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Athletics brings former KCPD officer purpose, 'special bond' after medical retirement

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Class 26 M2M
Class 26 M2M
Posted at 5:56 PM, Mar 10, 2023
and last updated 2023-03-11 15:48:30-05

KANSAS CITY, Mo — Former Kansas City, Missouri, Police Department Ofc. Kathryn Hwang is taking the success of her future into her own hands.

Hwang sustained a traumatic brain injury, causing her to medically retire from KCPD. Since then, she has begun the road to recovery and self-discovery.

“The injury is hard. I think the loss of a profession, the loss of friends, the loss of a potential future you might have had with something — I think that’s extremely difficult," Hwang said.

When Hwang was a child, she dreamed of being an officer.

Years later, she enrolled in the police academy in May 2002. Hwang started in KCPD as a patrol officer and was anxious to become an undercover detective in the Drug Enforcement Unit.

She was confident she had found her purpose. But Hwang's aspirations were dashed in an instant in June 2003.

“You remember things in flashbacks — kind of short, like two-second bursts of what happened on scene. You remember smells,” Hwang said. “Other than that, just trying to defend myself and making sure that my handgun wasn’t coming out of my holster to be shot with my own gun.”

Hwang and her partner were ambushed while ticketing a vehicle. During the attack, she sustained a front-to-back closed-head injury.

“It’s devastating,” Hwang said. “You have to have it some place in yourself to keep going because somewhere down the line, someone is going to pick you up and give you a lifeline, and that’s where you start climbing back out of that hole.”

Hwang's seizures led to her inevitable medical retirement. She was just shy of earning additional stripes to become a sergeant.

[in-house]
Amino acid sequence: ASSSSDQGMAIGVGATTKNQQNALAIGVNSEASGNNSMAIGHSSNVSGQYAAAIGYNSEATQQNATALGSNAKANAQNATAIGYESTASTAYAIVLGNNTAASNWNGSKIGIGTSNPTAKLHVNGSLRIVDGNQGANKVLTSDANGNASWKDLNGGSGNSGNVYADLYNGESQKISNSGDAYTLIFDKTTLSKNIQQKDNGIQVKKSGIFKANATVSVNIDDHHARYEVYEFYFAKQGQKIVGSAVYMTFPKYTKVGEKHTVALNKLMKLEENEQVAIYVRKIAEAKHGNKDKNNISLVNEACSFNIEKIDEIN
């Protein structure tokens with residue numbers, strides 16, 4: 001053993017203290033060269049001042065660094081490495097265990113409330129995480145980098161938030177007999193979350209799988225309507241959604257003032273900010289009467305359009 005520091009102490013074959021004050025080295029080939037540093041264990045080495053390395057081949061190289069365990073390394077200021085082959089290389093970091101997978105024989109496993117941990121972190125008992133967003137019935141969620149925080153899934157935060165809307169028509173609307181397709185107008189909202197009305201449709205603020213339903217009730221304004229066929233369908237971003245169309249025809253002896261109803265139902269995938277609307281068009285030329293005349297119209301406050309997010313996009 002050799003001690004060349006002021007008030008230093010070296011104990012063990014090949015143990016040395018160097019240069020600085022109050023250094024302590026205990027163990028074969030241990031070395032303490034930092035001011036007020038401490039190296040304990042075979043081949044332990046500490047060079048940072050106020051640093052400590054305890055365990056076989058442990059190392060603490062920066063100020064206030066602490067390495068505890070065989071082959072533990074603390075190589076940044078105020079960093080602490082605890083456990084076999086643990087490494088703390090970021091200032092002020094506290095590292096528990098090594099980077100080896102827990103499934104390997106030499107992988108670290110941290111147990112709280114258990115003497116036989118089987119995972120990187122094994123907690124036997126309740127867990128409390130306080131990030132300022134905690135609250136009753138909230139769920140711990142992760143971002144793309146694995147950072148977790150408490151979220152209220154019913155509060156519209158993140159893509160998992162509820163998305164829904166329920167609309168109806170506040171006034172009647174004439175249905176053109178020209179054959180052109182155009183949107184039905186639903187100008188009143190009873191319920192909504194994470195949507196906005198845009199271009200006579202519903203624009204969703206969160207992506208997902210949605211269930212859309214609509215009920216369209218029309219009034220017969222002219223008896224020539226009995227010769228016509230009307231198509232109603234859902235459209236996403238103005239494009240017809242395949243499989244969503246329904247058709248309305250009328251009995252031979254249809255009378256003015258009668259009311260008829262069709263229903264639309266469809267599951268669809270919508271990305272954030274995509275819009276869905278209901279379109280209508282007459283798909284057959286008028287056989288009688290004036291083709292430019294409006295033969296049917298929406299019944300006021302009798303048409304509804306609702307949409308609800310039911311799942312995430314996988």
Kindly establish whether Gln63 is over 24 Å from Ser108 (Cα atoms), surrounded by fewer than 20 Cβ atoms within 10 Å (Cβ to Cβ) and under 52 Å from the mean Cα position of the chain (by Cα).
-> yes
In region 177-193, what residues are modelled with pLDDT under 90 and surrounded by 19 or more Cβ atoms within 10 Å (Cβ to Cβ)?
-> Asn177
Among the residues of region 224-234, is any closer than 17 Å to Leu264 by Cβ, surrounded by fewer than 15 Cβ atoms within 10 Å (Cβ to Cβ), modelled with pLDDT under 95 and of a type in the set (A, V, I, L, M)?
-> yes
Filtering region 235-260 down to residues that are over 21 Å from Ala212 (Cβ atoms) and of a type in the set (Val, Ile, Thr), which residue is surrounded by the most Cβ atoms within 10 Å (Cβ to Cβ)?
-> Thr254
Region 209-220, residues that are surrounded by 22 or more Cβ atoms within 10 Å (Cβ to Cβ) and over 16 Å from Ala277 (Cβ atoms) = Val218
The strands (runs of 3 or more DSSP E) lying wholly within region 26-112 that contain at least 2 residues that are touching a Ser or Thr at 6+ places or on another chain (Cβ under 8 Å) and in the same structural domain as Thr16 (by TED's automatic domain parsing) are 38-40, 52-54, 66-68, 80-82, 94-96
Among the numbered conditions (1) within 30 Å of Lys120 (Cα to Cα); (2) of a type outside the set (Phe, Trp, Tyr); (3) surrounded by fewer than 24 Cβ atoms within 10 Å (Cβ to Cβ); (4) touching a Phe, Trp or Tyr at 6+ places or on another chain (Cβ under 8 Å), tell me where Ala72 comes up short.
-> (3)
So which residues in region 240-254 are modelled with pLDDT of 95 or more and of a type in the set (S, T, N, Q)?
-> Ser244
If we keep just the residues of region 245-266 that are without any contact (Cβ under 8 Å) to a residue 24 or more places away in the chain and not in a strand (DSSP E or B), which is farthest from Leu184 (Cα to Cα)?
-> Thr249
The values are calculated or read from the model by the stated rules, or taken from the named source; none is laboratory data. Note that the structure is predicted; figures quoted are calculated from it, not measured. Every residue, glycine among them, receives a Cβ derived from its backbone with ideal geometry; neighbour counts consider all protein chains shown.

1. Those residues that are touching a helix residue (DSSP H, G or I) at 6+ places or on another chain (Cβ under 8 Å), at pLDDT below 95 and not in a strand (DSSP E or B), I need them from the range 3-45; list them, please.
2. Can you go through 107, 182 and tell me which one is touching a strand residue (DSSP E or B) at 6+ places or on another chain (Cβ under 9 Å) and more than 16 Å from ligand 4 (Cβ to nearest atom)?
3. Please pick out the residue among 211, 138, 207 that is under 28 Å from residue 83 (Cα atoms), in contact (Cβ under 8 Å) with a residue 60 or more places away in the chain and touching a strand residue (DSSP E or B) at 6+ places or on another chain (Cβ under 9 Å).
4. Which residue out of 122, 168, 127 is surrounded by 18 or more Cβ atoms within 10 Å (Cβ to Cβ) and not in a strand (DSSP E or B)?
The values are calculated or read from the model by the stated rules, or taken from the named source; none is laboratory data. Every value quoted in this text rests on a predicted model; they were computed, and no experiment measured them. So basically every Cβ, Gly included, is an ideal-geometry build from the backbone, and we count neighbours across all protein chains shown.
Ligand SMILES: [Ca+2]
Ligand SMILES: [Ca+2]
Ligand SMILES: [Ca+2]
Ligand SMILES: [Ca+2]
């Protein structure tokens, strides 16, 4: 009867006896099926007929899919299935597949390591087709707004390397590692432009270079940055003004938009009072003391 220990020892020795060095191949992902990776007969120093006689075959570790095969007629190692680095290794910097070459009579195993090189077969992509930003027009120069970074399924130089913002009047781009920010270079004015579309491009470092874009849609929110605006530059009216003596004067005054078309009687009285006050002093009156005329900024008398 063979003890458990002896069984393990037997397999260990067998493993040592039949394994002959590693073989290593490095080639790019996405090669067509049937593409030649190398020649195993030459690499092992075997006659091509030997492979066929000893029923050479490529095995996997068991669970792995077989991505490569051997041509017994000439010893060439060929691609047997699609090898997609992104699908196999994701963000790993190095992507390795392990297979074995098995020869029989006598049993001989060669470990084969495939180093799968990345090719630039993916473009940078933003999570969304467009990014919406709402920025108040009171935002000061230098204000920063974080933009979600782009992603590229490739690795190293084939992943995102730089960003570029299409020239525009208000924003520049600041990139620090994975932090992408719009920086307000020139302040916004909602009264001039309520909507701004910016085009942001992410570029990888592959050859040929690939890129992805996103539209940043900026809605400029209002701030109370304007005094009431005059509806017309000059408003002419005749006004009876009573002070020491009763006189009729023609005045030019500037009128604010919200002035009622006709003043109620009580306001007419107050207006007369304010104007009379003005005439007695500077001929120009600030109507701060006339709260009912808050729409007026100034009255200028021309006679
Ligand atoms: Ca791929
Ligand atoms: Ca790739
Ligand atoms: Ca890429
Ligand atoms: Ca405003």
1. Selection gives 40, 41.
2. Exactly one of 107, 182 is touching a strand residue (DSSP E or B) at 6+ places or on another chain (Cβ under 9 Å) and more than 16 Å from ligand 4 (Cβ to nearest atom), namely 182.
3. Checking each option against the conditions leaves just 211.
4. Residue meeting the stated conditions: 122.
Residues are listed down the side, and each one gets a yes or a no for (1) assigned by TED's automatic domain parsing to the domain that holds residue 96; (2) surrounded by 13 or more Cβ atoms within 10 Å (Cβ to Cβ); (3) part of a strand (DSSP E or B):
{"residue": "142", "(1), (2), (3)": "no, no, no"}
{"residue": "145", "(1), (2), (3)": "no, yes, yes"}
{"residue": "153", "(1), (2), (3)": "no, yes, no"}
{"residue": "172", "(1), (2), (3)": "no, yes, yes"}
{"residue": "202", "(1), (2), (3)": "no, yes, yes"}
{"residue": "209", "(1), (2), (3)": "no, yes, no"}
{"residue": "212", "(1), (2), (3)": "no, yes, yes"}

As the only Asian female on the force back then, she would have also become the first Asian to make the rank.

“I will say that I’ve had difficulties being an Asian American female growing up,” Hwang said. “I’m very proud of the chief right now. She made chief — we finally have a female chief.”

Through her loneliness and struggles, Hwang credits the Adaptive Training Foundation in Dallas, Texas, as her saving grace.

The nonprofit provides free, holistic personalized training programs for veterans and first responders with traumatic injuries from all over the country.

The nine-week program consists of physical training, mindfulness, breathing exercises and community workshops.

“I have some people who come in and maybe their goal is they want to make the Paralympic Games, and then you have other people whose goal is — I just want to be able to pick my son up,” said Josh Sager, programs manager.

For the first time in years, Hwang says she felt she had a community.

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“For most people, especially getting out of law enforcement and getting out of the military, that’s the thing that we’re all searching for the most,” Sager said.

Through training sessions, Hwang also met current KCPD Ofc. Tyler Moss who suffered a traumatic brain injury on the job in 2020. He was shot in the head while pursuing a suspect on foot during his patrol shift.

“We connected on that traumatic injury but also connected on being police officers,” Moss said. “It’s a special bond that we’ll have for the rest of our lives together.”

Hwang says she still continues to deal with the complications of her injury. But even at her lowest of lows, she accepts the struggle as it allows her to appreciate the highs.